SINGAPORE - The sprawling 87ha Sungei Buloh Wetland Reserve, home to hundreds of species of wildlife, celebrated its 20th anniversary with visitors and volunteers yesterday.
There were talks, walks and activities such as face painting and origami sessions.
The reserve has, over the years, facilitated research into bird migratory patterns and conservation studies of the biodiversity in mangroves, among other things.
It also earned the title of ASEAN Heritage Park in 2003, which recognises the area for its ecological completeness, naturalness and high conservation importance.
More than 100,000 people visit the reserve at Neo Tiew Crescent each year. And a pool of 300 volunteers conduct guided tours and other educational outreach programmes.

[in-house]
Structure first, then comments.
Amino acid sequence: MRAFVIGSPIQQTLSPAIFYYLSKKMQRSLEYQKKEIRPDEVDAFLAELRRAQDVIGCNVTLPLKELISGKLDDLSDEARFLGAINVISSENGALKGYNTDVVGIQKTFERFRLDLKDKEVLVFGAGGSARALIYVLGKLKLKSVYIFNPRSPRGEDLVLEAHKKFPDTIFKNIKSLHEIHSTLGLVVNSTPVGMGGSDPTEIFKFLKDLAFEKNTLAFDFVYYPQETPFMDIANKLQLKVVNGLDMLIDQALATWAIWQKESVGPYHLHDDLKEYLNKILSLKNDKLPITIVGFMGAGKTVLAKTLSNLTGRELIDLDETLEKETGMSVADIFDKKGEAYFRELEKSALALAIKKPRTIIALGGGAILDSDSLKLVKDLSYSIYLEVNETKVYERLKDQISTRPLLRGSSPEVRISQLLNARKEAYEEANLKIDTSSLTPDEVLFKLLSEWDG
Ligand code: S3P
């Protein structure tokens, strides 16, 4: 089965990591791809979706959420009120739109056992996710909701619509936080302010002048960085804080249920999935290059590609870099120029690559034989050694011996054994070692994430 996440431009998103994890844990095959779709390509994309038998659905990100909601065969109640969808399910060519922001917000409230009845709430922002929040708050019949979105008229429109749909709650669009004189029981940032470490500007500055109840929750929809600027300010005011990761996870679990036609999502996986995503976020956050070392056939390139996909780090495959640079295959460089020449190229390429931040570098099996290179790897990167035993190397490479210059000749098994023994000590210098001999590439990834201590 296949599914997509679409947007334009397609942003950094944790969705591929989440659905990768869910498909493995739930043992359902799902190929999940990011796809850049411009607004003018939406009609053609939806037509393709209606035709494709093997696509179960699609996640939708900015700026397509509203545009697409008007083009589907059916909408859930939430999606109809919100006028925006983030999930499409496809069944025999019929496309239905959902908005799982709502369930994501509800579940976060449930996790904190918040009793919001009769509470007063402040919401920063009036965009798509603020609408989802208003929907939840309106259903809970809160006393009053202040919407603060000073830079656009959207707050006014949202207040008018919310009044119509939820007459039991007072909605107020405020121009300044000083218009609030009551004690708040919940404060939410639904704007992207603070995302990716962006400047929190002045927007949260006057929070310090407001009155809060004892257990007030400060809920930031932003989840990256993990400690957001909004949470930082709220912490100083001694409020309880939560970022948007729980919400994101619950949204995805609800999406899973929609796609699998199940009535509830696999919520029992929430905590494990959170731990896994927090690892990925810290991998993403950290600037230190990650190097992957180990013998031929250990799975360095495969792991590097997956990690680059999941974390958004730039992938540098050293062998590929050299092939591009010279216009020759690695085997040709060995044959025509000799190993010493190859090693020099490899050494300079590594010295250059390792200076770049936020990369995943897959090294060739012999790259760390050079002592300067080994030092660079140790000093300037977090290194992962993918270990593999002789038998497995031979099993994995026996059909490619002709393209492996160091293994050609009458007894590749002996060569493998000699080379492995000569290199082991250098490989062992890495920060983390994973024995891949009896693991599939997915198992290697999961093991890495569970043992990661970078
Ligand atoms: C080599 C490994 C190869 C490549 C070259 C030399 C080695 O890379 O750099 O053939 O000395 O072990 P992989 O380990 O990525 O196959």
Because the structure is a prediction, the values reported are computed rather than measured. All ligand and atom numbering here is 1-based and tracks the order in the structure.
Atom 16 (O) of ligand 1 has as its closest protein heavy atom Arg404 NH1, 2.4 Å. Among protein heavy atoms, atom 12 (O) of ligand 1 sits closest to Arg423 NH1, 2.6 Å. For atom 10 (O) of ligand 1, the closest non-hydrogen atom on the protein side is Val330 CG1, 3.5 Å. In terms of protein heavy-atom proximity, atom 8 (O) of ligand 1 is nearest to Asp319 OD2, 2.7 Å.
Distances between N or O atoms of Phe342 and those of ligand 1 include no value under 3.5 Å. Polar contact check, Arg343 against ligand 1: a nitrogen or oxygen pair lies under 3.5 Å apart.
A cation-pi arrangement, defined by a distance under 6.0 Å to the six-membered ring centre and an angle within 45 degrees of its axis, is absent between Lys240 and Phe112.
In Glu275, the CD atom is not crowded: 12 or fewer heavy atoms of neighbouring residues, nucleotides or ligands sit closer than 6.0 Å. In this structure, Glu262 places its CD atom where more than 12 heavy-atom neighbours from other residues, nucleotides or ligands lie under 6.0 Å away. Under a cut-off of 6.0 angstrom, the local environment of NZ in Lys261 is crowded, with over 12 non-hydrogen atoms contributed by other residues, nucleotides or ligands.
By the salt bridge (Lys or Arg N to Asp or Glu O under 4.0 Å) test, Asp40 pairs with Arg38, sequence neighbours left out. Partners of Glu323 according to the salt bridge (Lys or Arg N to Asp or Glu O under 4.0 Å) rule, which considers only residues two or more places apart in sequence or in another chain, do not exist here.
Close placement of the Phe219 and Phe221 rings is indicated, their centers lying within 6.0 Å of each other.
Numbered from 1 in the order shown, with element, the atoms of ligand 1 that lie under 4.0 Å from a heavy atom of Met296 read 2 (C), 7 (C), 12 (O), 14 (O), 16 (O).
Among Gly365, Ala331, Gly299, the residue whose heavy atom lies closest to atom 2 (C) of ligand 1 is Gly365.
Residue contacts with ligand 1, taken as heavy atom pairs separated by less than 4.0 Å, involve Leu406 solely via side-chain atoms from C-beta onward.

About 230 species of migratory birds stop by at the reserve during the migratory season from September to November each year.
The National Parks Board will launch new facilities and more trails next year, including one along the coast, which will link Sungei Buloh and Kranji Reservoir Park.
A new visitor centre was opened to the public yesterday.
Volunteer Lua Wai Heng, 32, who has been conducting guided walks at the reserve for 10 years, said he is very fond of the wetland. "It... reminds me of how life used to be like when I lived in a kampung in Lim Chu Kang as a boy."
Fellow volunteer guide Rebecca Tan, 18, said she wants to continue to inform and inspire the public about the biodiversity in Sungei Buloh. "I'm happy that it's a protected spot in Singapore where all of us will be able to continue to enjoy the wildlife in our midst."
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